The Complicated Economy of Open Source Software

Open source software is now at the heart of the tech platforms and services most of us use every day, including Microsoft, whose former CEO Steve Ballmer once famously described Linux and other open source projects as a “Cancer.” These days, Microsoft positions itself as a champion of open source development, as does Google, Facebook, Amazon, IBM, and even the US government.

Free software, if it is mentioned at all, is usually brought up under the umbrella term Free and Open Source Software or FOSS. THE ECONOMICS OF OPEN SOURCE. Although open source software was rapidly embraced by many of the biggest tech companies in Silicon Valley, economists struggled to explain how these projects, which bucked all the conventions of the marketplace, could be so successful.

Titled “The Simple Economics of Open Source,” Lerner and Tirole identified multiple immediate and long term benefits gained by open source developers such that the role of altruism in open source development was reduced to an accidental byproduct.

As for long term benefits, open source development was used to advance a programmer’s career by demonstrating their talents to a prospective employer or venture capitalist, as well as providing a signalling mechanism whereby developers can gain recognition for their technical chops from their peers in open source.

As the developer William Gross described the issue, the rising tide of companies that depend on open source software means that open source developers are deluged with feature requests and issues with the code and many of these companies expect that their improvements and issues should take priority.

So anyone is free to create their own Android operating systems from the open source code, but Google has a policy that forbids using its applications on any non-official Android OS. This policy was justified on the grounds that it would help app developers from having to modify their apps to fit dozens of slightly different versions of Android, but the most noticeable effect is that the open source Android OS has become inextricably bound to proprietary Google products.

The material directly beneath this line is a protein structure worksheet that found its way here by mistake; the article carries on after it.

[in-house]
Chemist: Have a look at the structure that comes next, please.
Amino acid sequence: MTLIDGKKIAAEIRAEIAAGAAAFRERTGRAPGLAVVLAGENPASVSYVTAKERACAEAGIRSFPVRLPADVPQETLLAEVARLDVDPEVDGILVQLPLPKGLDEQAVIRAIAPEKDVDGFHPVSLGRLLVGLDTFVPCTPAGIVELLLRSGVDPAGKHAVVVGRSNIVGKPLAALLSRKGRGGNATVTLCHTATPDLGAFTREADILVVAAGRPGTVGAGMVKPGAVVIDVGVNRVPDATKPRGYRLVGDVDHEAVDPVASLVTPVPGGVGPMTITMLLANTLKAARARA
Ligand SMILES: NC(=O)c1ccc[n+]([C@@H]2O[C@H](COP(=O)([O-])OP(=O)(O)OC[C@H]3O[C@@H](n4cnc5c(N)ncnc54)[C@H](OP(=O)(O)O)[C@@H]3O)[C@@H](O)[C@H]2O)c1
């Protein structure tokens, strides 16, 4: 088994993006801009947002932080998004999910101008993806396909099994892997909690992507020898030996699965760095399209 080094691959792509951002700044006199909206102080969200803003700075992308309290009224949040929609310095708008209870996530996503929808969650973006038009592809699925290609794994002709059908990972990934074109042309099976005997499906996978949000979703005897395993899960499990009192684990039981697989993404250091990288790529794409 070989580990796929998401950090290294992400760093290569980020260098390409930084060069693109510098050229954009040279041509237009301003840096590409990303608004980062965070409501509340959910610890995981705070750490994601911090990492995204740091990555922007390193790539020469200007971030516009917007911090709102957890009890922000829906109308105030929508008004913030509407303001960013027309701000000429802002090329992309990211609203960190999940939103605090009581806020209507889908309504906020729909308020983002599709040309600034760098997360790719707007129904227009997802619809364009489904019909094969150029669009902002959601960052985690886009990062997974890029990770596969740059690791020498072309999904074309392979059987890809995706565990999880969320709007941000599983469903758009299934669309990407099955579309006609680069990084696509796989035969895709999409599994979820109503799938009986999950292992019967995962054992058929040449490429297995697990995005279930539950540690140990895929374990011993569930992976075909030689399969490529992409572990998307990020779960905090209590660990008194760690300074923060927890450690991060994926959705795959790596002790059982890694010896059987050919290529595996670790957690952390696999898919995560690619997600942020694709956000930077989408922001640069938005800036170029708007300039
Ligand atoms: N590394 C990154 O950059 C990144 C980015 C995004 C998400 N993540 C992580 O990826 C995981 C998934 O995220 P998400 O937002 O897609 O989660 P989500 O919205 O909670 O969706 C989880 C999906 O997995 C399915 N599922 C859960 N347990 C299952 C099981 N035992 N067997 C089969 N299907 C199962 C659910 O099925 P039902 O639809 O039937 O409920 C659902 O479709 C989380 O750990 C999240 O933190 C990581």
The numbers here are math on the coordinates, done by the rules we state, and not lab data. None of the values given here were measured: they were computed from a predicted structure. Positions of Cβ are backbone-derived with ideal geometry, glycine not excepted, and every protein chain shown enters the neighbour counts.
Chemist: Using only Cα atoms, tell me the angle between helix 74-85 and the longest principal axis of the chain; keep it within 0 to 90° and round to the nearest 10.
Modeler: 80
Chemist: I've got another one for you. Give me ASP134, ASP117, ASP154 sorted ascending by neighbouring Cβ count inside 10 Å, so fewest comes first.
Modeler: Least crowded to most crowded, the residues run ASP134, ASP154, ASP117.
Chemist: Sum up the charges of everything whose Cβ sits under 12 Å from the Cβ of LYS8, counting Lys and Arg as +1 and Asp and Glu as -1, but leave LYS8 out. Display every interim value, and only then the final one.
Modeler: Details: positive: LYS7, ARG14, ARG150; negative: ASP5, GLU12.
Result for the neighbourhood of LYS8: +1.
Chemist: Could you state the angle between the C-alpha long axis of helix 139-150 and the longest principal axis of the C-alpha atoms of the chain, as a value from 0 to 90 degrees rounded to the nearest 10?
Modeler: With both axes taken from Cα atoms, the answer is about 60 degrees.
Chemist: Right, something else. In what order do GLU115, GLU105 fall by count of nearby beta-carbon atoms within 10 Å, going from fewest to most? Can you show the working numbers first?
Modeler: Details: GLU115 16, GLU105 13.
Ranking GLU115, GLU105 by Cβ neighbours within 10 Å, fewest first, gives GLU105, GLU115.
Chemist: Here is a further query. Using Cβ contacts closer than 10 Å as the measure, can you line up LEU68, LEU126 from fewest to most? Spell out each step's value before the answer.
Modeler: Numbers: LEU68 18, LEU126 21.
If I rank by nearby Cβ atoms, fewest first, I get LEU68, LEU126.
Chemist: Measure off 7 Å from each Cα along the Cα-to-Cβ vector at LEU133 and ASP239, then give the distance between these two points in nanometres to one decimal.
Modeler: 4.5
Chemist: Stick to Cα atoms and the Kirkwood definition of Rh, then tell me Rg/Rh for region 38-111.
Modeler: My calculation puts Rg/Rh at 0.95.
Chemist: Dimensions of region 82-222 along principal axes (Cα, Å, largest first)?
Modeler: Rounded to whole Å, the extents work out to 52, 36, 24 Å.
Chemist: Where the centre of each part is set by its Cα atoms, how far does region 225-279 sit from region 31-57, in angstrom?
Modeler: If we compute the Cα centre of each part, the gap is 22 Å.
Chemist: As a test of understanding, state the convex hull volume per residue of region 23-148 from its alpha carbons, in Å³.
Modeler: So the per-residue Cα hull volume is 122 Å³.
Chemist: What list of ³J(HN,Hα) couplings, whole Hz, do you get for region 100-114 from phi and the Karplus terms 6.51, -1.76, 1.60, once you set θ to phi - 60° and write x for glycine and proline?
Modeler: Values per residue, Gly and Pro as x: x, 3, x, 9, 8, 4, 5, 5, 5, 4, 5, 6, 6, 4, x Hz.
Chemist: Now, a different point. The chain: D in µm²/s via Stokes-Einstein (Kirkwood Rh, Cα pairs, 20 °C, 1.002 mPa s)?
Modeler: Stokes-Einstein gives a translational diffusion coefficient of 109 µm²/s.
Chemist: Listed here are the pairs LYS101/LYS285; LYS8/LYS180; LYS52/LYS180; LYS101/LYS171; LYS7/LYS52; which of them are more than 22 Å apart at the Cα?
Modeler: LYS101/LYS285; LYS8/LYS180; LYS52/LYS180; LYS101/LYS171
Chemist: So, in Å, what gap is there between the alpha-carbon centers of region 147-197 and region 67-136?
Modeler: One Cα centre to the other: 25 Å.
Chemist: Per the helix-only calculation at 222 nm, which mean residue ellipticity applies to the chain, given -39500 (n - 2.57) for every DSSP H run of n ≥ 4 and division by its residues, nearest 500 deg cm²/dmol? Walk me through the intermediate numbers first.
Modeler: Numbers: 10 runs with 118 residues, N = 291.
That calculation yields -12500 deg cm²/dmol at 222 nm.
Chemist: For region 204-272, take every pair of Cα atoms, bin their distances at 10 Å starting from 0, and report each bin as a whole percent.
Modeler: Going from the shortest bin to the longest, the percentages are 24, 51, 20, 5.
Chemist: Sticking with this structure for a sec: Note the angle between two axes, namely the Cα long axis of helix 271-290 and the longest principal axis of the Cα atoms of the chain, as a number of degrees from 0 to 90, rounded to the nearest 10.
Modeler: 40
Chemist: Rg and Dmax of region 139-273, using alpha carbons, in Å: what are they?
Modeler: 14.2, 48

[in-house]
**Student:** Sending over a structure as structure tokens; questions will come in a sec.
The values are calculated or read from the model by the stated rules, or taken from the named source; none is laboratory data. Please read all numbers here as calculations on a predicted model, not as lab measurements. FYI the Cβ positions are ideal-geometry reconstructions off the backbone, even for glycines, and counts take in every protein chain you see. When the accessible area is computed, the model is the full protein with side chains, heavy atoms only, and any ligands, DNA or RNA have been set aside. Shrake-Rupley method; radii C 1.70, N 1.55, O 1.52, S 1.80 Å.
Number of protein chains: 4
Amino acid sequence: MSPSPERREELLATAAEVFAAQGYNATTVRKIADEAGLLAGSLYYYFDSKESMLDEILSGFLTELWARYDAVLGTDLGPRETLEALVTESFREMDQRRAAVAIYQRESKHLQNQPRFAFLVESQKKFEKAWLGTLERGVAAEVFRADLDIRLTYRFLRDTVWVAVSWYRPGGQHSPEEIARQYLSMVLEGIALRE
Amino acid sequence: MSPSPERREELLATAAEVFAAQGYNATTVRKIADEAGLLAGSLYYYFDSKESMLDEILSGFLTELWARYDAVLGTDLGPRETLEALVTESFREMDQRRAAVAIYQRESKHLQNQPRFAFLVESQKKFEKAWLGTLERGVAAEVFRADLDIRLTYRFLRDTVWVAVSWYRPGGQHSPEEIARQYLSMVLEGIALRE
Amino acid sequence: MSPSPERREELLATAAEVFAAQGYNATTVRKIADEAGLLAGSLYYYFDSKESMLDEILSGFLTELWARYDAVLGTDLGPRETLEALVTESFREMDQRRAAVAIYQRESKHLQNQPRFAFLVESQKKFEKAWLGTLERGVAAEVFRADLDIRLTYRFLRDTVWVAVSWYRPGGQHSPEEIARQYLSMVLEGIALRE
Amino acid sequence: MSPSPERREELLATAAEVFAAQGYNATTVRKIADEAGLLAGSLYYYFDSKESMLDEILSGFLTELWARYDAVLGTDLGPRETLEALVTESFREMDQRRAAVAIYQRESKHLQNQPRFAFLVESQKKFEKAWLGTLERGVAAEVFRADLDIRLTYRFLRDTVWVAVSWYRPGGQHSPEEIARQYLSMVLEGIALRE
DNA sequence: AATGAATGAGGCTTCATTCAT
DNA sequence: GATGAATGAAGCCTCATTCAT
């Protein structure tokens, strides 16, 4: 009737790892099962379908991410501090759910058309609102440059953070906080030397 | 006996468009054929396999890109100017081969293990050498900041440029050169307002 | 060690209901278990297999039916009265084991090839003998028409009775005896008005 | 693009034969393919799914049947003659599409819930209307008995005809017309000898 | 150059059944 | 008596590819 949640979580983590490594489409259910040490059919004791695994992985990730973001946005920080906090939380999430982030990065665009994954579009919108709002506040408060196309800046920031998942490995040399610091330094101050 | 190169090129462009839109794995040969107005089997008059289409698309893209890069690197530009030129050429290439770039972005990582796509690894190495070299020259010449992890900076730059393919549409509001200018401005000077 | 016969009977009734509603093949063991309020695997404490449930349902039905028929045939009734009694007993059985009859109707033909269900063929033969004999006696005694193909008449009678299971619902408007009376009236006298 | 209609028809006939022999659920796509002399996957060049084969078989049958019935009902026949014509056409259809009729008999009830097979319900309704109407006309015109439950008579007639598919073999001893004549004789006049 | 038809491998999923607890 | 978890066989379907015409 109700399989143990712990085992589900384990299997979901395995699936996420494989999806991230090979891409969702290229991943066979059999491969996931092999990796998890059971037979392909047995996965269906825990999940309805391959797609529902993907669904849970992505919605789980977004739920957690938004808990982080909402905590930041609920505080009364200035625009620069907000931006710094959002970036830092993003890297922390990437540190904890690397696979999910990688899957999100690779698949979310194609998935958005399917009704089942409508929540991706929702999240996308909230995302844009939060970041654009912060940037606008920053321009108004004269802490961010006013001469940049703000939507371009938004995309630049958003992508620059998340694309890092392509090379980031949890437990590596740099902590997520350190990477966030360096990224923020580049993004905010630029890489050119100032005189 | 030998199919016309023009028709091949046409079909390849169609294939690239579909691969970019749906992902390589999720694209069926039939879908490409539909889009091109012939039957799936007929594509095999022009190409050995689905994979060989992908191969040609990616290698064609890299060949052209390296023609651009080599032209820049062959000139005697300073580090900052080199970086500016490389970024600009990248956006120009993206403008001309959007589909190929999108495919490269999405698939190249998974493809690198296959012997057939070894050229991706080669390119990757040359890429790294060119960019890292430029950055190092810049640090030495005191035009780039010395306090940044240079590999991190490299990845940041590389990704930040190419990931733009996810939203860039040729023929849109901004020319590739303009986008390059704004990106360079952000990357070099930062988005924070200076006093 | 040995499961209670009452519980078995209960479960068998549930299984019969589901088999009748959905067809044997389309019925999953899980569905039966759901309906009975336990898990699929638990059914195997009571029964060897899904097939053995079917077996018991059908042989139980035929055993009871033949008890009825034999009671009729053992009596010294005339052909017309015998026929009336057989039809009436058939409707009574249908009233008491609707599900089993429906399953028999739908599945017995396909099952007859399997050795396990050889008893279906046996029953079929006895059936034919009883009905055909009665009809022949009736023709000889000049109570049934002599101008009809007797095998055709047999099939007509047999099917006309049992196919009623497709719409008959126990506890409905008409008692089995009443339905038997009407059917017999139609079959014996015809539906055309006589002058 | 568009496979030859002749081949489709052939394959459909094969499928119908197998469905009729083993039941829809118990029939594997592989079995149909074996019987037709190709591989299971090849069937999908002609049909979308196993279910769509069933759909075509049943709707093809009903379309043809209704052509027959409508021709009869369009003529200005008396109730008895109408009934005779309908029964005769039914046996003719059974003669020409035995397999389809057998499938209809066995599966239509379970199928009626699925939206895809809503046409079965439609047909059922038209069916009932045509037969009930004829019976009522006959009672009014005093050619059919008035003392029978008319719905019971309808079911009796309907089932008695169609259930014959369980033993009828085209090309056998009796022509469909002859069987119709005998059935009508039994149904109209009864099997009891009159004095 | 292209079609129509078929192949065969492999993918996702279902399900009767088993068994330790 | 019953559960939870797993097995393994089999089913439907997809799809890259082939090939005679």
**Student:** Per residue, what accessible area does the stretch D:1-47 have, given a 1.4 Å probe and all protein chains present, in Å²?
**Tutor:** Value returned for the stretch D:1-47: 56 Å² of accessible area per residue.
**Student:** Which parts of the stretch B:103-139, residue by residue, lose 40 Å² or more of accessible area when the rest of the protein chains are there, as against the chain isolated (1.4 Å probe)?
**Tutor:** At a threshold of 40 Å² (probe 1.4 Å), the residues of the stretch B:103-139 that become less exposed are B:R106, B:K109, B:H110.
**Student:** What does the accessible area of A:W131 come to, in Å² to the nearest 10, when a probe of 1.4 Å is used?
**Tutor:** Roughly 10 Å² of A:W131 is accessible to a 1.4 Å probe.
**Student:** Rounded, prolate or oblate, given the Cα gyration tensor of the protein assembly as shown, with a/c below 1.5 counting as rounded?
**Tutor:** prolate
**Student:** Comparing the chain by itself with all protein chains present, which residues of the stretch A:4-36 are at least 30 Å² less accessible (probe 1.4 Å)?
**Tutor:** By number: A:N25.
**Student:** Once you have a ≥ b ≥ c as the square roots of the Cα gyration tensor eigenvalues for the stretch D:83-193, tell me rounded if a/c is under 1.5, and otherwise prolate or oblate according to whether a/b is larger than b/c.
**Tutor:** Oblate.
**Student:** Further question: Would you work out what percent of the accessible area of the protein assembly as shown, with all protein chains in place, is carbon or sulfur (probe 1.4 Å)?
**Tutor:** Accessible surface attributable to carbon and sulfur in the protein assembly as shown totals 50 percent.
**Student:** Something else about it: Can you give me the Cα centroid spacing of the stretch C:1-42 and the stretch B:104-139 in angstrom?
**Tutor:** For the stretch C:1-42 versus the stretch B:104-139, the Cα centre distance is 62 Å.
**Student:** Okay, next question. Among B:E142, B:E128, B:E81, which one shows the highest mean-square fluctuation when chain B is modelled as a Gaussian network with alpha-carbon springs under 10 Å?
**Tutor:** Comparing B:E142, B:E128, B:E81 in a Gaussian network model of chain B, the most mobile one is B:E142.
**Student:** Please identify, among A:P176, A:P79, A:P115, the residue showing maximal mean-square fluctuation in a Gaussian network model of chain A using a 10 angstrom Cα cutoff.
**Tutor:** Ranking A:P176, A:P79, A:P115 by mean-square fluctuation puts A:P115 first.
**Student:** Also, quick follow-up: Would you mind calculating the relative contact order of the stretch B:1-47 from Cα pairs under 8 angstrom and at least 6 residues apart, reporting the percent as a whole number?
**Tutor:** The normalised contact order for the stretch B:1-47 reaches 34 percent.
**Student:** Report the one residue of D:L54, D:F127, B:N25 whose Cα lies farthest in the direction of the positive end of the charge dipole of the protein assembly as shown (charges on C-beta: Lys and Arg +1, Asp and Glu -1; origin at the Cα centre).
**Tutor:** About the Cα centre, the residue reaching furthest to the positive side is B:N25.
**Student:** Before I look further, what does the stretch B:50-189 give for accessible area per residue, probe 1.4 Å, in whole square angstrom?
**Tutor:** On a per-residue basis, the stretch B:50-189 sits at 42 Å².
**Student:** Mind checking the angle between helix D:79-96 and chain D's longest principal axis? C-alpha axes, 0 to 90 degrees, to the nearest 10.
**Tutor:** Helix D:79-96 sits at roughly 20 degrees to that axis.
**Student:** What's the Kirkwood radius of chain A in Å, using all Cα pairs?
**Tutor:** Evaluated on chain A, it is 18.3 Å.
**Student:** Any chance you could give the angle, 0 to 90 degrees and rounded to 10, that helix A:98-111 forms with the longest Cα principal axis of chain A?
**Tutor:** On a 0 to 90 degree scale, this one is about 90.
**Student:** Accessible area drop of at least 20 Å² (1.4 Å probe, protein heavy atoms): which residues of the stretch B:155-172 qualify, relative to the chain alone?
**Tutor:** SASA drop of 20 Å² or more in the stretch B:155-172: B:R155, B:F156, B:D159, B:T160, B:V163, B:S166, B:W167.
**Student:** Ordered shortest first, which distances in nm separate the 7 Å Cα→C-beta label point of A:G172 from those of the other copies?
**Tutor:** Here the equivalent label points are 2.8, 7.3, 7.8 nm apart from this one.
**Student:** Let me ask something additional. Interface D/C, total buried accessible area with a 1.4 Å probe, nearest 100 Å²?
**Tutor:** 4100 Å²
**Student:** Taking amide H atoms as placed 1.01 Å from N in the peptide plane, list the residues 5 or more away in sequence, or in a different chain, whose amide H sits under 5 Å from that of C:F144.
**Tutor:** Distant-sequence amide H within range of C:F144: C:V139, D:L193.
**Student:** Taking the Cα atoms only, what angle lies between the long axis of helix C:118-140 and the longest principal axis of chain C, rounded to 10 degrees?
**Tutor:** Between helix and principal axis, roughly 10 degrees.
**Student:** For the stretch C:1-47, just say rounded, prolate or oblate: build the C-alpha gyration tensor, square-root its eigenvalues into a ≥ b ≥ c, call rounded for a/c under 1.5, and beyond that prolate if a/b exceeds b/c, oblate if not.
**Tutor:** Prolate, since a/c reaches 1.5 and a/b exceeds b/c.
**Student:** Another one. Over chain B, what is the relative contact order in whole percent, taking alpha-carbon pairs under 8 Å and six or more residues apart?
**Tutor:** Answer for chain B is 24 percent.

In January, GitHub’s open source project manager Devon Zuegel wrote a blog post on the site titled “Let’s talk about open source sustainability.” The post highlighted a number of problems in the open source community, which included inadequate resources and governance, lack of communication, and work overload. Zuegel implored the community to give input to the company on how it could improve these areas for open source maintainers and contributors.

This article was summarized automatically with AI / Article-Σ ™/ BuildR BOT™.

Original link

Decentralised AI has the potential to upend the online economy

Most AI giants on the internet rely on the continuous collection of personal data from their users, primarily to build and maintain machine-learning models.

The repeated delivery of ads by third-party services creates excessive bandwidth and energy usage, something consumers are noticing as ongoing data collection and analysis by background apps slows their internet connection.

As many recent cases have shown, there are now serious privacy concerns from excessive data collection and the resulting exposure from linkages of personal data across different services.

Advertisement In 2019, we will see an alternative to these practices emerging in the form of AI at the edge – machine learning that will take place “Near” the user, on their device or home hub, or at a local data-aggregation point.

While the technology is clearly ahead of the economics, the edge’s ability to correlate across a greater variety of user data that is not readily available to different cloud-based services will give it market advantage.

Training and fitting models to individuals at the edge, such as individual voice or physical-activity recognition, creates superior results, and the economic efficiency of edge solutions will slowly peel off centralised systems, much like the way outsourcing of services peeled off centralised systems in the 90s. Advertisement In 2019, we will see battles for AI solutions oscillating between centralised and decentralised models.

We will find ways of exchanging data created at the edge for new services.

This article was summarized automatically with AI / Article-Σ ™/ BuildR BOT™.

Original link